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Effects of a ketogenic diet on the quality of life in 16 patients with advanced cancer: A pilot trial *

Background:
Tumor patients exhibit an increased peripheral demand of fatty acids and protein. Contrarily, tumors
utilize glucose as their main source of energy supply. Thus, a diet supplying the cancer patient with sufficient fat
and protein for his demands while restricting the carbohydrates (CHO) tumors thrive on, could be a helpful
strategy in improving the patients
situation. A ketogenic diet (KD) fulfills these requirements. Therefore, we
performed a pilot study to investigate the feasibility of a KD and its influence on the quality of life of patients with
advanced metastatic tumors.
Methods:
Sixteen patients with advanced metastatic tumors and no conventional therapeutic options participated
in the study. The patients were instructed to follow a KD (less than 70 g CHO per day) with normal groceries and
were provided with a supply of food additives to mix a protein/fat shake to simplify the 3-month intervention
period. Quality of life [assessed by EORTC QLQ-C30 (version 2)], serum and general health parameters were
determined at baseline, after every two weeks of follow-up, or after drop out. The effect of dietary change on
metabolism was monitored daily by measuring urinary ketone bodies.
Results:
One patient did not tolerate the diet and dropped out within 3 days. Among those who tolerated the
diet, two patients died early, one stopped after 2 weeks due to personal reasons, one felt unable to stick to the
diet after 4 weeks, one stopped after 6 and two stopped after 7 and 8 weeks due to progress of the disease, one
had to discontinue after 6 weeks to resume chemotherapy and five completed the 3 month intervention period.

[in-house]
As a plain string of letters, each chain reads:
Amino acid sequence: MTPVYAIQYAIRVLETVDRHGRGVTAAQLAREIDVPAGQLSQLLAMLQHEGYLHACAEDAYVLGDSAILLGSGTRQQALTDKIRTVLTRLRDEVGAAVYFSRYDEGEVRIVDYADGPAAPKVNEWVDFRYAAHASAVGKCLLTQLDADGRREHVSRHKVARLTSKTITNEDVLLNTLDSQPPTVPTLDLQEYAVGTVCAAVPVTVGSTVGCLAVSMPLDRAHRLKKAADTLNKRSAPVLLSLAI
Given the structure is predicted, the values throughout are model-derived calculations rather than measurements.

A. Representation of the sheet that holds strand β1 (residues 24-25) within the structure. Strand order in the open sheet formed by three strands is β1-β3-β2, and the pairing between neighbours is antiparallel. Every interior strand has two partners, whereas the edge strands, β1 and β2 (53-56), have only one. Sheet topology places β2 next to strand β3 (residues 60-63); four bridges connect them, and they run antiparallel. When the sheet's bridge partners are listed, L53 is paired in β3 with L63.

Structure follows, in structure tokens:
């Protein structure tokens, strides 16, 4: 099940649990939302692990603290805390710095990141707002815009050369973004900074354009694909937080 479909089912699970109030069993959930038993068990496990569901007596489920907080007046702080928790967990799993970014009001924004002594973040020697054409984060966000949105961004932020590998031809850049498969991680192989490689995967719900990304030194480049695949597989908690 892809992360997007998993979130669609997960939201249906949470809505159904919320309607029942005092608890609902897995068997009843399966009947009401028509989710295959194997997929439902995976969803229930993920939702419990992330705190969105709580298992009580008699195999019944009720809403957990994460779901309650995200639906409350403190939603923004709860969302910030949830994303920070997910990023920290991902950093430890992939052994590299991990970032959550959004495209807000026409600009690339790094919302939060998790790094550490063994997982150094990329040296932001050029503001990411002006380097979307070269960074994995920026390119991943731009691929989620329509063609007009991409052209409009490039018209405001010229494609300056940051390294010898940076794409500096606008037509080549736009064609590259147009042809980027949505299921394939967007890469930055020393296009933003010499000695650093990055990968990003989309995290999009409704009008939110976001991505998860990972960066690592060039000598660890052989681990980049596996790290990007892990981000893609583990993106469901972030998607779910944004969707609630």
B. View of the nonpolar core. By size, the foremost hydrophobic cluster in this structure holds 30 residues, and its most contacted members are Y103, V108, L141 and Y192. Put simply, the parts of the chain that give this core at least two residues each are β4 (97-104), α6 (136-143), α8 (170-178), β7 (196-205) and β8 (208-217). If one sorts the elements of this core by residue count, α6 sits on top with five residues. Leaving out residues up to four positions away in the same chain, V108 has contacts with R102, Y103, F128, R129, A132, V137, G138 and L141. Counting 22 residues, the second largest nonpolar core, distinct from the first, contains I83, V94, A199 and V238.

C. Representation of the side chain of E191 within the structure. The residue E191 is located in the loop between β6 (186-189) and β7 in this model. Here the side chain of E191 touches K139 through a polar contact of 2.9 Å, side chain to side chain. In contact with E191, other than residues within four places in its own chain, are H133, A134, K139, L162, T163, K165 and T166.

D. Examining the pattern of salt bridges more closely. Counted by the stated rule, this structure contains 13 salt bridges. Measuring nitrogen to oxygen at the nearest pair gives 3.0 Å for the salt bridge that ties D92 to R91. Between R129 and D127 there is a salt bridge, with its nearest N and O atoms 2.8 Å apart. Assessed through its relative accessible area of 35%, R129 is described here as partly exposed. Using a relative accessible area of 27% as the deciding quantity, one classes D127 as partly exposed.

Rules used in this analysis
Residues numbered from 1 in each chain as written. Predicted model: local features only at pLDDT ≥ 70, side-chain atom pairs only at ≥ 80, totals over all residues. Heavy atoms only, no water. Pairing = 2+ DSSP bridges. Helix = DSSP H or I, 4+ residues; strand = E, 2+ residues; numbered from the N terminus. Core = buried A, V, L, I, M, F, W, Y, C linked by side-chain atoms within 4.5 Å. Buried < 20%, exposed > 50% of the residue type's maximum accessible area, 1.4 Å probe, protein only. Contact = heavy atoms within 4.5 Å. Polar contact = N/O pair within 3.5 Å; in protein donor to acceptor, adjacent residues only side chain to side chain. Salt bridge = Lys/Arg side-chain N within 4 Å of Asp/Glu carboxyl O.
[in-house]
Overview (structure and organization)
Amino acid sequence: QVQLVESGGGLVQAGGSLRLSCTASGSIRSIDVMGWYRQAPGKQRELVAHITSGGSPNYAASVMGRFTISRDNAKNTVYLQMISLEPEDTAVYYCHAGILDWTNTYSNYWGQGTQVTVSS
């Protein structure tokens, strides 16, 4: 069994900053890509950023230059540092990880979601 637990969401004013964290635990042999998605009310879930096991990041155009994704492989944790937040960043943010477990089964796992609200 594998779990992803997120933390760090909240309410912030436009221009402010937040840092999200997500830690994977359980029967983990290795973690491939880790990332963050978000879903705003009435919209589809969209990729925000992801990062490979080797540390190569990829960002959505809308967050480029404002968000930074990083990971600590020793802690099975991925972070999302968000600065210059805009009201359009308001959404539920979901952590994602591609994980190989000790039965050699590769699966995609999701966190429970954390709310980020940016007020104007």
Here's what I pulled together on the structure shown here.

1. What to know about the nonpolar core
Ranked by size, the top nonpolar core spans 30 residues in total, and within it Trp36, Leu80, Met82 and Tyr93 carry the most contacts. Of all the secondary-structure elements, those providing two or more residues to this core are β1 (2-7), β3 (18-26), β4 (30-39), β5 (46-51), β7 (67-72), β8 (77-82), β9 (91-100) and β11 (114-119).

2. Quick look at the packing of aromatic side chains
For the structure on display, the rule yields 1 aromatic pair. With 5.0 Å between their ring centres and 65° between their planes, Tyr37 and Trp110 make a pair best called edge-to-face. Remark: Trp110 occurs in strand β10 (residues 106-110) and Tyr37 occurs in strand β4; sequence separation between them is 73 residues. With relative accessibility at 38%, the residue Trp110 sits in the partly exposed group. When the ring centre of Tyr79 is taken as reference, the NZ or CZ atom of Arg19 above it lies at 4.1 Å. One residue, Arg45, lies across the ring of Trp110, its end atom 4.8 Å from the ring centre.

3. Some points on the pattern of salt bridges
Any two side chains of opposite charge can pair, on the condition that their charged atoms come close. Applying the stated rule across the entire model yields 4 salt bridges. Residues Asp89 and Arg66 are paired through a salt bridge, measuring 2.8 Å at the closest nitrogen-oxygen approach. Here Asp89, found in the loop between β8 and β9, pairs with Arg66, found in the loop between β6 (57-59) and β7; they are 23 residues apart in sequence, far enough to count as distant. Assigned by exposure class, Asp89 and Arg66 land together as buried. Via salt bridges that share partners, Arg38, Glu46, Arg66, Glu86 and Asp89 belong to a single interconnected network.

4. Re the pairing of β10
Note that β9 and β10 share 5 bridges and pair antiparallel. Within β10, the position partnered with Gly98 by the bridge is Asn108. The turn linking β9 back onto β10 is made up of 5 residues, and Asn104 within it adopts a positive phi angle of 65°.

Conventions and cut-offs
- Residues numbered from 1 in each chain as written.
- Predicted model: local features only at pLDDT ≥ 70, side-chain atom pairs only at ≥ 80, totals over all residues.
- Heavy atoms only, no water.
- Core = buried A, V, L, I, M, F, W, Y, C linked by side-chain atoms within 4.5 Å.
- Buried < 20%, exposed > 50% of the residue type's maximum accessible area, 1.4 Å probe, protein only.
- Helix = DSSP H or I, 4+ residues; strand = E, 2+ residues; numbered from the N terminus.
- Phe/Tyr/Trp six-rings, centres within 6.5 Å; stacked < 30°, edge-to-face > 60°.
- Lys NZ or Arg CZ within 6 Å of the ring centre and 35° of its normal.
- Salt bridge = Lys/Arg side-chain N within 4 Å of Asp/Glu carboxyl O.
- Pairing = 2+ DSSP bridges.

These five and the one who resumed chemotherapy after 6 weeks report an improved emotional functioning and
less insomnia, while several other parameters of quality of life remained stable or worsened, reflecting their very
advanced disease. Except for temporary constipation and fatigue, we found no severe adverse side effects,
especially no changes in cholesterol or blood lipids.
Conclusions:
These pilot data suggest that a KD is suitable for even advanced cancer patients. It has no severe
side effects and might improve aspects of quality of life and blood parameters in some patients with advanced
metastatic tumors.

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As with any procedure, there could be pain or other substantial risks involved. These concerns should be discussed with your health care provider prior to any treatment so that you have proper informed consent and understand that there are no guarantees to healing.

THE INFORMATION IN THIS WEBSITE IS OFFERED FOR GENERAL EDUCATIONAL PURPOSES ONLY AND DOES NOT IMPLY OR GIVE MEDICAL ADVICE. No Doctor/Patient relationship shall be deemed to have arisen simply by reading the information contained on these pages, and you should consult with your personal physician/care giver regarding your medical treatment before undergoing any sort of treatment or therapy.

Published on 05-09-2013